Aerial Surveys to Document Lesser Prairie Chicken Population Trends
PRATT – Aerial surveys to count lesser prairie chickens will begin March 16 and run through mid-May over five states containing lesser prairie chicken habitat. The Western Association of Fish and Wildlife Agencies (WAFWA) conducts the surveys each spring when the birds gather at traditional leks, or dancing grounds. As part of the Lesser Prairie Chicken Range-wide Conservation Plan, the surveys are designed to document population trends and determine how birds are responding to the plan’s management strategies. The surveys will be conducted by helicopter in locations chosen randomly within lesser prairie chicken range, which is part of the methodology strategy. In previous years, some of the fly paths prompted calls, which is why WAFWA is getting the word out about the start of aerial survey work.
The range-wide plan is a collaborative effort of WAFWA and the state wildlife agencies of Texas, New Mexico, Oklahoma, Kansas and Colorado. It was developed to ensure conservation of the lesser prairie chicken with voluntary cooperation of landowners and industry. The plan allows agriculture producers and industry to continue operations while reducing impacts to the bird and its grassland habitat.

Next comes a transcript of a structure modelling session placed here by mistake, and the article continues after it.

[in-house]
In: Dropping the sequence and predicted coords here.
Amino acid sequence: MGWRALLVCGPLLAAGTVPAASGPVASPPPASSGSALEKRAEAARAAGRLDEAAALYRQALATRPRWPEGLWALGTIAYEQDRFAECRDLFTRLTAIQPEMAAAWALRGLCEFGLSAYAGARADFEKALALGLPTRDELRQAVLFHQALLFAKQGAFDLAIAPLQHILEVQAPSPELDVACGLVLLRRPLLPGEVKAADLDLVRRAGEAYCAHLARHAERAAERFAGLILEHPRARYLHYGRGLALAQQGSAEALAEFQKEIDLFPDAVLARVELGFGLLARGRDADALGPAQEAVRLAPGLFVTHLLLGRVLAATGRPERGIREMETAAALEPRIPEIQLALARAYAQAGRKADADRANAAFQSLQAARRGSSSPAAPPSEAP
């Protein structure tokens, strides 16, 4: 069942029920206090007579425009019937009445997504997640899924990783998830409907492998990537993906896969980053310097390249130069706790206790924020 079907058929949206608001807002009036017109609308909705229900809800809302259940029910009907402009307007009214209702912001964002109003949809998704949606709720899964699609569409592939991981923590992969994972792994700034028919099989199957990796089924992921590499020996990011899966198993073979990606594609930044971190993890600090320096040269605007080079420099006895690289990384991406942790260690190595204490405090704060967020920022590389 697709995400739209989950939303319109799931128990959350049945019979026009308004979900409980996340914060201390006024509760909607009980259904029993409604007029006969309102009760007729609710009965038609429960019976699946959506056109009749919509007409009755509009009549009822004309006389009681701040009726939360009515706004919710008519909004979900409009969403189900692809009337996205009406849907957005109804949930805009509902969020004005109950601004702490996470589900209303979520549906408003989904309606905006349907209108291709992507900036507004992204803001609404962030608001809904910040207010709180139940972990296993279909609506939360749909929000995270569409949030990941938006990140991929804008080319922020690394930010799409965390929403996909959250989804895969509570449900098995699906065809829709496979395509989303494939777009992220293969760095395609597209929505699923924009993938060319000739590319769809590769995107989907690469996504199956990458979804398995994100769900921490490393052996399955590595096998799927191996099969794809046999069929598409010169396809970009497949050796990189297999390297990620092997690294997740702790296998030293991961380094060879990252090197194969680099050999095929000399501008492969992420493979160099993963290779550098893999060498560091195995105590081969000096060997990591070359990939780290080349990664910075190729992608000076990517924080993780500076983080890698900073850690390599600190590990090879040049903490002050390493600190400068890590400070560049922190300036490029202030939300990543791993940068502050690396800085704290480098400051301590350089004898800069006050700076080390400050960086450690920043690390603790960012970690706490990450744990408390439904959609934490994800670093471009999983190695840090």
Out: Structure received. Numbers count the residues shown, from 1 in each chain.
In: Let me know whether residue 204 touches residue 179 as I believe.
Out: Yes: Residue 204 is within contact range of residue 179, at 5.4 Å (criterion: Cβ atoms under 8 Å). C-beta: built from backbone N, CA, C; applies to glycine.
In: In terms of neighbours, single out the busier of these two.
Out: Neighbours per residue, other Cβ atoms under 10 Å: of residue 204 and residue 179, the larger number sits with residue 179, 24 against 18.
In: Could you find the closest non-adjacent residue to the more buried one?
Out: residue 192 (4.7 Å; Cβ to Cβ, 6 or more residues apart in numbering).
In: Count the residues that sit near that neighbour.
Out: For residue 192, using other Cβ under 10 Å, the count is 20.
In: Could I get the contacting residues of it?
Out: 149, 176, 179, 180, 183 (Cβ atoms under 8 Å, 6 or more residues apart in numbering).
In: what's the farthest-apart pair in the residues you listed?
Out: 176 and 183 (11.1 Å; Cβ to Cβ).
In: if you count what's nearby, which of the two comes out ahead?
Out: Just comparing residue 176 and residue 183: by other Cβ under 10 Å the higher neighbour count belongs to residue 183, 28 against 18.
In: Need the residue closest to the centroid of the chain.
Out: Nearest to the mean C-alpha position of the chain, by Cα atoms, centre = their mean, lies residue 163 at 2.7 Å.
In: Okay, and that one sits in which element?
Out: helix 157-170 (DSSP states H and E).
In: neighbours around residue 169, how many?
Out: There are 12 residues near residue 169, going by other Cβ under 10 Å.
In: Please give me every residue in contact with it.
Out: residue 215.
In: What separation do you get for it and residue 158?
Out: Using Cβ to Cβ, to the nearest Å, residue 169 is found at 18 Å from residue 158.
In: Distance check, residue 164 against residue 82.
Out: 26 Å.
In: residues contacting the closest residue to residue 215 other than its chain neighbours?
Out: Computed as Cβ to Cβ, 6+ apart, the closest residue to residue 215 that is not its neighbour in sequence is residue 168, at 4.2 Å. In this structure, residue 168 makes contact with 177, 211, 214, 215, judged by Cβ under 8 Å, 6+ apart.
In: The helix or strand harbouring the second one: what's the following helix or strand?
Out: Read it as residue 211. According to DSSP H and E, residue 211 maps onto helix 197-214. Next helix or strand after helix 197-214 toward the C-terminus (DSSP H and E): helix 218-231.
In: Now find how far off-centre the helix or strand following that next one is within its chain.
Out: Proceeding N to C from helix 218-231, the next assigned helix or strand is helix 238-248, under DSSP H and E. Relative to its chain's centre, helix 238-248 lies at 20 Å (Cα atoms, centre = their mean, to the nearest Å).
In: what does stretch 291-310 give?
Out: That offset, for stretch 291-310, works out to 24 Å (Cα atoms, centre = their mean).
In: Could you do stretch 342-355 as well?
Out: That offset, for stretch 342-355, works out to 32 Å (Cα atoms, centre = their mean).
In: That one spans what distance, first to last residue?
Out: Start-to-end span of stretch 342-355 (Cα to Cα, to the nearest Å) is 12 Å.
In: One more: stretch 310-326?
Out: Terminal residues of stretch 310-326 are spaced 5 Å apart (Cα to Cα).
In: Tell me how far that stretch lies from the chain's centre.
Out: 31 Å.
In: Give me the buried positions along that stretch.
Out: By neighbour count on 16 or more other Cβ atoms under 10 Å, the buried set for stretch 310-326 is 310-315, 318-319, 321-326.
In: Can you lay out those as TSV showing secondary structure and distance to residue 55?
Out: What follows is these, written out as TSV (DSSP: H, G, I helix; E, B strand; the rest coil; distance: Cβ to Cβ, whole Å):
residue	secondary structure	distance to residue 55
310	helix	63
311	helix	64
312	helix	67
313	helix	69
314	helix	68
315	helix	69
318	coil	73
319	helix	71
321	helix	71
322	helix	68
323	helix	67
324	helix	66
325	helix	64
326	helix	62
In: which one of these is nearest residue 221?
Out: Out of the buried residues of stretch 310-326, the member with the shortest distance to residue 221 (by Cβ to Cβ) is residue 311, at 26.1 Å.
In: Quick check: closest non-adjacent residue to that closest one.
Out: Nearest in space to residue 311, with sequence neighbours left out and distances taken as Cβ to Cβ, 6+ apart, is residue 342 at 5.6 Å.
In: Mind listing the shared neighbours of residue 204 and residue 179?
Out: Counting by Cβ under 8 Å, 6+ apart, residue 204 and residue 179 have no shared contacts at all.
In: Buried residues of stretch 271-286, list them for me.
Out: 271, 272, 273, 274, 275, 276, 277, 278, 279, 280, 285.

“We’ve established a consistent methodology for these aerial surveys, working closely with the wildlife agencies of each of the states involved,” explained Roger Wolfe, WAFWA’s Lesser Prairie-chicken Program Manager. “We’re documenting population trends over time that will allow us to see how various management strategies for the bird are working on the ground.”
Results from this year’s surveys will be available on July 1 via www.wafwa.org.